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How we cut 99% of our JavaScript with Qwik + Partytown

December 7, 2021

Written By Miško Hevery

Builder.io is excited to announce that our homepage now achieves a 100/100 score on PageSpeed Insights even on mobile, since we adopted Qwik.

Qwik can achieve this performance no matter how large your application gets. The above numbers were achieved with some cool technology including:

  • Pages served with Qwik have less than 1kb of JavaScript to boot.
  • Our homepage only sends HTML for above-the-fold content.
  • Partytown is used to move all third-party scripts to web-worker.
  • This site is created using builder.io’s visual no-code editor

Qwik scales to massive sites, with hundreds of components, and MBs of content and continues to be fast. And it provides interactive server-side components that can transition to client components.

Headless sites are incredibly fast and flexible. They make integration with any API-first vendor a breeze, but they come with a cost of constant reliance on developer resources for even the smallest of tasks (e.g. adding a button to a section). Builder.io solves this with a visual editor that allows non-developers to build high-performance experiences using the elements and permissions their developers provide.

Where were we before

Our story starts here:

Notice that the performance of the site is average. On mobile, Google PageSpeed estimated that it will take 7.6 seconds before a user can click on a link and expect a response. This is not a great user experience. Additionally, Google is using PageSpeed scores to affect SEO ranking.

The reason for this is that the site has to execute a lot of Javascript on startup. Today, even a static site is full of JavaScript to add menus, interactivity, and third-party analytics scripts such as Google Tag Manager, Intercom, and CRM services.

The JavaScript site consists of two sources of slow down, the site itself and third-party scripts.

The first source of slow down comes from frameworks. When used in conjunction with modern frameworks, sites have a great developer experience and are highly interactive. But this comes at a cost of large JS download and slow startup times as frameworks reconcile the HTML generated on the server with the DOM the frameworks expect. This is known as reconciliation/rehydration, and all frameworks (with exception of Qwik) suffer this fate. The key part of reconciliation/rehydration is when the frameworks attach the listeners to the DOM, making the site interactive. This is the reason why reconciliation/rehydration has to happen as soon as possible. Without this, your site does not work (think menus, chat widgets, etc...)

The second source of slow down comes from third-party scripts. Yes, there are a lot of demo sites and “new builds” that show good PageSpeed scores, but this is in large part because third-party scripts are not yet included. Here is an example of some of the third-party scripts which are on our site:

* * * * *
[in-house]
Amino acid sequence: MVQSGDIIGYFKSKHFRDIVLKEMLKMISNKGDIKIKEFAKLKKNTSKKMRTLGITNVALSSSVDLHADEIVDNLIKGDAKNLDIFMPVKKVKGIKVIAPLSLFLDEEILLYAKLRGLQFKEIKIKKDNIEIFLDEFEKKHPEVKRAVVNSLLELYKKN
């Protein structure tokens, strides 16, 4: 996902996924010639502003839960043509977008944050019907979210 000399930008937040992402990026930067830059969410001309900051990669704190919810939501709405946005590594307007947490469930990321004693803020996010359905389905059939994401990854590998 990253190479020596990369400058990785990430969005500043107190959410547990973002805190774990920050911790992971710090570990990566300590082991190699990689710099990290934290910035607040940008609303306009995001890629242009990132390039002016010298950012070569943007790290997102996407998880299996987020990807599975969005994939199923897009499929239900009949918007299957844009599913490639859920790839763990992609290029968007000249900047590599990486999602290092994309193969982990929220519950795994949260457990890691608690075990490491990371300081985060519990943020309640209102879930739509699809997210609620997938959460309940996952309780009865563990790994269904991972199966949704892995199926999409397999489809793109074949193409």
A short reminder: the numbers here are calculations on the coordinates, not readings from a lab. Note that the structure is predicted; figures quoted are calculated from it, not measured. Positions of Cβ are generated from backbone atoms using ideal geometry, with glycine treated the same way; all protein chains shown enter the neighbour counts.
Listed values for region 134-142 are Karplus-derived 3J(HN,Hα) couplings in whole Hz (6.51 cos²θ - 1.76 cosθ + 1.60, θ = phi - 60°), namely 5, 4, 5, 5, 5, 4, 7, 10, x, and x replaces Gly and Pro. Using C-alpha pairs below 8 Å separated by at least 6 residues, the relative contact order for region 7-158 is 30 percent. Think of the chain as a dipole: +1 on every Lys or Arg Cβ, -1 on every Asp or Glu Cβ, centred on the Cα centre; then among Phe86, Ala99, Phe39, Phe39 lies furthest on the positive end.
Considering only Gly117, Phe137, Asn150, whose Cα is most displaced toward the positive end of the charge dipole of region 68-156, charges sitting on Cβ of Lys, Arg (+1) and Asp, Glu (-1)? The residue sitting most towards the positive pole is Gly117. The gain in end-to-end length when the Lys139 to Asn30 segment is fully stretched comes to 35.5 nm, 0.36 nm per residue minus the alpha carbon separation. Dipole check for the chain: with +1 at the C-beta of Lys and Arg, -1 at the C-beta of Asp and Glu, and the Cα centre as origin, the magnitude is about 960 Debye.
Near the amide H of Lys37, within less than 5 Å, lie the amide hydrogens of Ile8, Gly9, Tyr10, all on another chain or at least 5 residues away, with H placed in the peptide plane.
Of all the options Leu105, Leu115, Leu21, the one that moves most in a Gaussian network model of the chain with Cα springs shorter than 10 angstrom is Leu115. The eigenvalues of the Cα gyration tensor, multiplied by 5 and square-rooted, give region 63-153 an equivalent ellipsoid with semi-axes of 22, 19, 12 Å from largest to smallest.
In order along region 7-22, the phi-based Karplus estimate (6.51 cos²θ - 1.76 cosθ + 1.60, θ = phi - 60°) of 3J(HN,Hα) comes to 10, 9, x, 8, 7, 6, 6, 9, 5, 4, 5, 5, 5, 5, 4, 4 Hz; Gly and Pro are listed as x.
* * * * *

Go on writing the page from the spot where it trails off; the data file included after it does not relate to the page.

• Google Tag Manager: is a must for any live site to collect usage statistics so that the marketing can gain insight as to how the site is used and how it can be improved. GTM executes at the beginning and it alone can take up all of the CPU time allotted for the site in PageSpeed before it starts being penalized.
  • Intercom: Allows the customers to chat with builders in real-time on the site to ask questions and to find out more information.
  • Twitter: Testimonials about our product are shown in twitter widgets, which requires that we load Twitter javascript.

All of the above third-party scripts run immediately on-site load and compete for CPU with the reconciliation/rehydration step above, resulting in poor user experience.

The issue is that as developers we have very little control over the above situation. We must use third-party scripts to add analytics and user service features that marketing teams need, and we must use existing frameworks which require expensive reconciliation on-site startup. There just are not a lot of levers under our control. This is the state of our industry and it is why no one can get much better results with the standard approach.

Qwik and Partytown aim to solve that!

Where are we now

Metric Before After Unit %
Performance Score 52 100 s 92%
First Contentfull Paint 3.4 1.1 s 309%
Speed Index 3.4 1.1 s 309%
Largest Contentful Paint 3.8 1.2 s 316%
Time to Interactive 7.6 1.4 s 543%
TTI - LCP (difference) 3.8 0.3 s 1,266%
Total Blocking Time 1,300 40 ms 3,250%
Cumulative Layout Shift 0 0 -

First, a reminder that these numbers are for mobile, a much harder bar to reach than desktop performance.

The above table shows where we are now with Qwik and Partytown. The improvements are massive. Time to interactive dropped from 7.6 seconds down to 1.2 seconds. And total blocking time dropped from 1.3 seconds down to 40 milliseconds. The drop in JS execution can directly be attributed to Qwik for framework time and Partytown for third-party time.

Above is the performance profile before Qwik/Partytown. (This is emulating mobile)

  • Page took 1.8 seconds to load.
  • The main thread is very busy most of the time with "reconciliation" work (Figuring out where the DOM listeners should be placed.)